Suzettes-MacBook-Air:~ suzettebuckley$
    Suzettes-MacBook-Air:~ suzettebuckley$ scheme
    -bash: scheme: command not found
    Suzettes-MacBook-Air:~ suzettebuckley$ sudo ln -s /usr/local/lib/mit-scheme-x86-64/mit-scheme /usr/local/bin/scheme
    ln: /usr/local/bin/scheme: File exists
    Suzettes-MacBook-Air:~ suzettebuckley$ alias scheme=”/Applications/MIT\:GNU\ Scheme.app/Contents/Resources/mit-scheme”
    Suzettes-MacBook-Air:~ suzettebuckley$ scheme
    /Applications/MIT:GNU Scheme.app/Contents/Resources/mit-scheme: can’t find a readable default for option –band.
    searched for file all.com in these directories:
    /Applications/MIT:GNU Scheme.app/Contents/Resourcesme.app/Con
    /usr/local/lib/mit-scheme-x86-64

    Inconsistency detected.
    Suzettes-MacBook-Air:~ suzettebuckley$

    Like

      1. Hi, after reloading terminal and typing scheme I’ve received the error message “command not found”
        Thank you

        Like

    1. I guess you forgot to add this line ‘alias scheme=”/Applications/MIT\:GNU\ Scheme.app/Contents/Resources/mit-scheme”’ (remove single quotes) in ~/.bash_profile. From your logs, looks like you ran this as a command.

      Like

    1. Yes through terminal. If the alias is set you can start scheme by just entering ‘scheme’. Else you can also run it by entering ‘/Applications/MIT\:GNU\ Scheme.app/Contents/Resources/mit-scheme’.

      Like

  5. Also, how do I save the changes. I exited terminal and then returned and I got the command “inconsistency detected” again after calling for scheme

    Like

  6. Last login: Sun Jul 9 10:58:08 on ttys000
    Suzettes-MacBook-Air:~ suzettebuckley$ sudo ln -s /Applications/MIT\:GNU\ Scheme.app/Contents/Resources /usr/local/lib/mit-scheme-x86-64
    Password:
    ln: /usr/local/lib/mit-scheme-x86-64: No such file or directory
    Suzettes-MacBook-Air:~ suzettebuckley$ sudo ln -s /usr/local/lib/mit-scheme-x86-64/mit-scheme /usr/local/bin/scheme
    ln: /usr/local/bin/scheme: File exists
    Suzettes-MacBook-Air:~ suzettebuckley$ scheme
    -bash: scheme: command not found
    Suzettes-MacBook-Air:~ suzettebuckley$ Scheme
    -bash: Scheme: command not found
    Suzettes-MacBook-Air:~ suzettebuckley$ alias scheme=”/Applications/MIT\:GNU\ Scheme.app/Contents/Resources/mit-scheme”
    Suzettes-MacBook-Air:~ suzettebuckley$ Scheme
    -bash: Scheme: command not found
    Suzettes-MacBook-Air:~ suzettebuckley$ alias scheme=”/Applications/MIT\:GNU\ Scheme.app/Contents/Resources/mit-scheme”
    Suzettes-MacBook-Air:~ suzettebuckley$
    Suzettes-MacBook-Air:~ suzettebuckley$ scheme
    MIT/GNU Scheme running under OS X
    Type `^C’ (control-C) followed by `H’ to obtain information about interrupts.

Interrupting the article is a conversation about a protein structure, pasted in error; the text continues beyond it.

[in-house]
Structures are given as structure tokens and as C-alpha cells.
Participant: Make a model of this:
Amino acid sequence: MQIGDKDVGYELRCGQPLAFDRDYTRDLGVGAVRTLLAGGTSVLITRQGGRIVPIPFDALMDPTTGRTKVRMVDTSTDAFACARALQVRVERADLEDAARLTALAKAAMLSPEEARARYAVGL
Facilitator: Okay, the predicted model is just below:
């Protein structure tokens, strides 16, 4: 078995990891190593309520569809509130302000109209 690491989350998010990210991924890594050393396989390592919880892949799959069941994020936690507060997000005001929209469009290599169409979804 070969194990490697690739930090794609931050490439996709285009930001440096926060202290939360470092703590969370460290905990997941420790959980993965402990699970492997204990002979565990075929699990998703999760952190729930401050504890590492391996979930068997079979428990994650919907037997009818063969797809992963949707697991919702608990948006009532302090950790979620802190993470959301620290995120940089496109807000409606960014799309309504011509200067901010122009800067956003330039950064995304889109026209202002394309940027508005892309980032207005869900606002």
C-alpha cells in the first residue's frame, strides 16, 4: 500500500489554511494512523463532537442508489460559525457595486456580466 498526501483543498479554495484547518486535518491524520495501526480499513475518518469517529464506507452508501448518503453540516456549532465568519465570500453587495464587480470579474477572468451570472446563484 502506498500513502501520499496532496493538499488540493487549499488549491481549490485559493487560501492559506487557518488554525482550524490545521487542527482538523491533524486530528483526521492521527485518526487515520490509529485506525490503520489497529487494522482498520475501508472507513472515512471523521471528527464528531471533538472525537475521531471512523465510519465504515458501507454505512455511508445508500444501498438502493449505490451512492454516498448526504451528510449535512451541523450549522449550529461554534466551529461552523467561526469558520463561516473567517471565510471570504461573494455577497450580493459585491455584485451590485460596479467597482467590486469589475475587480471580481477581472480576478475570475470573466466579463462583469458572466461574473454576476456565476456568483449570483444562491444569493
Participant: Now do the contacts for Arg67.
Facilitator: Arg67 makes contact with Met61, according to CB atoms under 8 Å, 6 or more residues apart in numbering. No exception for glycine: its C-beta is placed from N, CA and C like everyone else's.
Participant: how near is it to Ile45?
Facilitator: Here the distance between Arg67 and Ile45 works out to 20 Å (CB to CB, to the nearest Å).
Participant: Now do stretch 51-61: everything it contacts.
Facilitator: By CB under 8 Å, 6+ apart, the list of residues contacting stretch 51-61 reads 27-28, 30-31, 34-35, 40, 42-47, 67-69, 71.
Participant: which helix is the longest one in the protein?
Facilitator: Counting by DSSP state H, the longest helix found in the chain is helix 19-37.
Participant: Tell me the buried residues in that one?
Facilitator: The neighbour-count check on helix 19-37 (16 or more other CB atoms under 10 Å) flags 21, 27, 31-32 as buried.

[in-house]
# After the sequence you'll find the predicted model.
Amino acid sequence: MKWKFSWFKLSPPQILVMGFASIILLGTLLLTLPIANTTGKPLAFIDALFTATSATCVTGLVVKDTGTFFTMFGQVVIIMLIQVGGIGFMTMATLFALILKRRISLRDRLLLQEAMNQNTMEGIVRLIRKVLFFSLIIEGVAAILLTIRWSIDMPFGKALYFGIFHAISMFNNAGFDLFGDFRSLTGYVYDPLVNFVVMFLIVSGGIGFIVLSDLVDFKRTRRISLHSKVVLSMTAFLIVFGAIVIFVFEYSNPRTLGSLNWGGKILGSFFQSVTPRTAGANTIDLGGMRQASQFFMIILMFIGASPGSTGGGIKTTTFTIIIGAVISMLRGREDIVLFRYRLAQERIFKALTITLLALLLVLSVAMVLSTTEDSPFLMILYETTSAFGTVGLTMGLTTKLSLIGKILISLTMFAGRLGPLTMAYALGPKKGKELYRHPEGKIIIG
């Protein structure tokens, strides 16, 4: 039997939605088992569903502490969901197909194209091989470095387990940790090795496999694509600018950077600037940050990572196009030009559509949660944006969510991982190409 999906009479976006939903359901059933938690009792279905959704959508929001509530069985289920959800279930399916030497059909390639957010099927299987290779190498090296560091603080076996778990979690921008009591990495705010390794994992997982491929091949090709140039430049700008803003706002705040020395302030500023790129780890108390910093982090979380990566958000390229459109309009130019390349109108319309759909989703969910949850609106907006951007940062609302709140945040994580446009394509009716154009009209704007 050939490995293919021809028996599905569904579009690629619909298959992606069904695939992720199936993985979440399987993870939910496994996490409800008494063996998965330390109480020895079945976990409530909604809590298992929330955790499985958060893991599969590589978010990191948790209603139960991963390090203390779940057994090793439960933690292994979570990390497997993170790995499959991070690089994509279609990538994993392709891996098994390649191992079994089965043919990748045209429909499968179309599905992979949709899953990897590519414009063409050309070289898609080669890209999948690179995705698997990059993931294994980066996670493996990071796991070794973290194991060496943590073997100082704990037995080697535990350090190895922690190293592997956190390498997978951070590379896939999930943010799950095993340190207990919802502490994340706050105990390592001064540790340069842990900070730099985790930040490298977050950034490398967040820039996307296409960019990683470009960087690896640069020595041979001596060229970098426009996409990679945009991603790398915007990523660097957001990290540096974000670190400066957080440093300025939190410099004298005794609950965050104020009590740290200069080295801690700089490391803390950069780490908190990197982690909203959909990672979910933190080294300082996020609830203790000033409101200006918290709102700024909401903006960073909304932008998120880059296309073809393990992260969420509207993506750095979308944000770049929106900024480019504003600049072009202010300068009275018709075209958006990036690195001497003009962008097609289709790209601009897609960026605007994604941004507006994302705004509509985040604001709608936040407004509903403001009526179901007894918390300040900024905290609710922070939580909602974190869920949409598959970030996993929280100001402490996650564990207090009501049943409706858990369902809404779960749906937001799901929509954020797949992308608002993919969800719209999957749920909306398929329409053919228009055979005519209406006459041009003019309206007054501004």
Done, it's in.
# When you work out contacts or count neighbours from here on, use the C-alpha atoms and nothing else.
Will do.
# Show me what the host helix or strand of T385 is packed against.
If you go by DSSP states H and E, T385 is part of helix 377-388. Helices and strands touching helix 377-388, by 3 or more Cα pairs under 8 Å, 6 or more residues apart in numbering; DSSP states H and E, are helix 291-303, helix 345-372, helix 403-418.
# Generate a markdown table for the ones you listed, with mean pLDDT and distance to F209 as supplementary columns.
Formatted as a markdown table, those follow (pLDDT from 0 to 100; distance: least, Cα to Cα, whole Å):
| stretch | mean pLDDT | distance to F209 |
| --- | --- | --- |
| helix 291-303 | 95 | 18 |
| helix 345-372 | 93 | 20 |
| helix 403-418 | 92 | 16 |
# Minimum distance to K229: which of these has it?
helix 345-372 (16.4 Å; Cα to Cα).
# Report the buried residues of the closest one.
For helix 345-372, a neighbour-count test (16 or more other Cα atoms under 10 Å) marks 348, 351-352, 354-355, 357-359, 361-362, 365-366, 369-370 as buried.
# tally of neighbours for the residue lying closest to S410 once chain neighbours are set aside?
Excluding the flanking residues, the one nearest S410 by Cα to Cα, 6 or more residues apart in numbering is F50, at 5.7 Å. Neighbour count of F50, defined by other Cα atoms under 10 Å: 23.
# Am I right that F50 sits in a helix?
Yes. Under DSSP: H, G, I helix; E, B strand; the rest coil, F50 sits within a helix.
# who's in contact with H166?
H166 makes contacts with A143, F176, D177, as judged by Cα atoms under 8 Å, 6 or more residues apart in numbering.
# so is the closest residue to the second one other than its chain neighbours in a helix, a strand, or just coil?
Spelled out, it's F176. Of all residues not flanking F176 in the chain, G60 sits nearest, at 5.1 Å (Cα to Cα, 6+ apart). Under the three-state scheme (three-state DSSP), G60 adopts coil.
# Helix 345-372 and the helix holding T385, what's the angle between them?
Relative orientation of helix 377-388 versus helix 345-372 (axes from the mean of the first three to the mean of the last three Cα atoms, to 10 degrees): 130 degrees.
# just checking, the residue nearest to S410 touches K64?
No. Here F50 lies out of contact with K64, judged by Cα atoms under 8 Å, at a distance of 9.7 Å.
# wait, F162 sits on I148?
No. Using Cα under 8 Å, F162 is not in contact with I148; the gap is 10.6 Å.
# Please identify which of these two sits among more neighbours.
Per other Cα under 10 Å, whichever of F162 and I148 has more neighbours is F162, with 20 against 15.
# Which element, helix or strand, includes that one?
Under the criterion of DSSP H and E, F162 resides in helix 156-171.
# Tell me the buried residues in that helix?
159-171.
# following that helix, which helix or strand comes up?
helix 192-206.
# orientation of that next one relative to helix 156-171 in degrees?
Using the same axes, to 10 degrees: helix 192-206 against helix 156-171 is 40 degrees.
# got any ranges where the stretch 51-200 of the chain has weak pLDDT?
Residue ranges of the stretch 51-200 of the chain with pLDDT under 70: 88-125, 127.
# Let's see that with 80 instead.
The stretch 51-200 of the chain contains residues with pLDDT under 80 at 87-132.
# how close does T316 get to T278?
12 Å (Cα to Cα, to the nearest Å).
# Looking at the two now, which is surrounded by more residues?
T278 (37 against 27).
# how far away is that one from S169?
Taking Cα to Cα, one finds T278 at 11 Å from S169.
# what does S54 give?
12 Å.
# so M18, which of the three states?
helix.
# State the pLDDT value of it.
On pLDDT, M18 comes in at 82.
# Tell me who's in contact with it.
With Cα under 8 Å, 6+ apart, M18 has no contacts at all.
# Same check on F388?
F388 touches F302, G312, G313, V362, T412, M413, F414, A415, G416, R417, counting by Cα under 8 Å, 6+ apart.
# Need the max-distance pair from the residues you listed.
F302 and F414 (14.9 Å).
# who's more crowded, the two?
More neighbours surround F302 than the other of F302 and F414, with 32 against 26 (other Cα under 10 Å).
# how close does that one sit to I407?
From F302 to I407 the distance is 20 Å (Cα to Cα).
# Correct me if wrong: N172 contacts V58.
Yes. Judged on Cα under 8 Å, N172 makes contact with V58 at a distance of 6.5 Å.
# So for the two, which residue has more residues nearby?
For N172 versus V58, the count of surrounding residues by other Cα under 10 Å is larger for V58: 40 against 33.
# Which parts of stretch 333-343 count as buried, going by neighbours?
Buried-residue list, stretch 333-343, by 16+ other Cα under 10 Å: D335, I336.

Copyright (C) 2014 Massachusetts Institute of Technology
    This is free software; see the source for copying conditions. There is NO
    warranty; not even for MERCHANTABILITY or FITNESS FOR A PARTICULAR PURPOSE.

    Image saved on Saturday May 17, 2014 at 2:39:25 AM
    Release 9.2 || Microcode 15.3 || Runtime 15.7 || SF 4.41 || LIAR/x86-64 4.118
    Edwin 3.116

    1 ]=>

    But, I have to copy and paste your three links every time. Is that common or am I missing something? Thank you again for your help!

    Like

    1. Well actually you don’t need to run all the commands again and again. I’ll point out the mistake in a sec.

      Firstly, “sudo ln -s /usr/local/lib/mit-scheme-x86-64/mit-scheme /usr/local/bin/scheme
      ln: /usr/local/bin/scheme: File exists” This tells that the symlink (copy of file/shortcut in Windows terms) exists. So no need to run this command every time.

      Secondly, is not a command but rather you need to put this line in ~./bash_profile. This is done so that the terminal knows to load this automatically whenever a new terminal/tab is opened.
      Run this on the terminal once – echo ‘alias scheme=”/Applications/MIT\:GNU\ Scheme.app/Contents/Resources/mit-scheme”’ >> ~/.bash_profile && source ~/.bash_profile

      After this whenever you open terminal typing ‘scheme’ should work fine. Let me know if it works or not after adding alias to bash_profile rather than running it as command.

      Like

  7. So I copy/pasted echo ‘alias scheme=”/Applications/MIT\:GNU\ Scheme.app/Contents/Resources/mit-scheme”’ >> ~/.bash_profile && source ~/.bash_profile Into terminal and it responded -bash: ‘alias: command not found

    Like

    1. You can edit bash_profile by running open ~/.bash_profile. You can find the line at the end of file, just remove the ‘ and re-type “.

      When you copy paste on terminal, make sure that you retype the quote ‘ and “. It does copy the line into bash_profile, but only problem is the copy pasted ‘ and ” are not recognized by bash since they look like special characters (because of different formatting on the blog).

      Like

  8. Hello again,
    Good morning. So I did what you said and typed ~/.bash_profile Terminal responded with “permission denied” So I did some digging on the internet and figured out how to bypass that. I’m in bash. But, I want to make sure what I do next is correct the first time. I’m including a copy of Terminal text for you to look over before I retype the alias you’ve suggested. Thank you(:

    Like

  9. Hello again,
    Good morning. So I did what you said and typed ~/.bash_profile Terminal responded with “permission denied” So I did some digging on the internet and figured out how to bypass that. I’m in bash. But, I want to make sure what I do next is correct the first time. I’m including a copy of Terminal text for you to look over before I retype the alias you’ve suggested. Thank you(:
    TERMINAL WINDOW STATUS BAR SAYS: .bash_profile

    # Setting PATH for Python 3.5
    # The original version is saved in .bash_profile.pysave
    PATH=”/Library/Frameworks/Python.framework/Versions/3.5/bin:${PATH}”
    export PATH

    # Setting PATH for Python 3.6
    # The original version is saved in .bash_profile.pysave
    PATH=”/Library/Frameworks/Python.framework/Versions/3.6/bin:${PATH}”
    export PATH

    # Setting PATH for Python 3.6
    # The original version is saved in .bash_profile.pysave
    PATH=”/Library/Frameworks/Python.framework/Versions/3.6/bin:${PATH}”
    export PATH
    ‘alias scheme=”/Applications/MIT:GNU Scheme.app/Contents/Resources/mit-scheme”’

    Like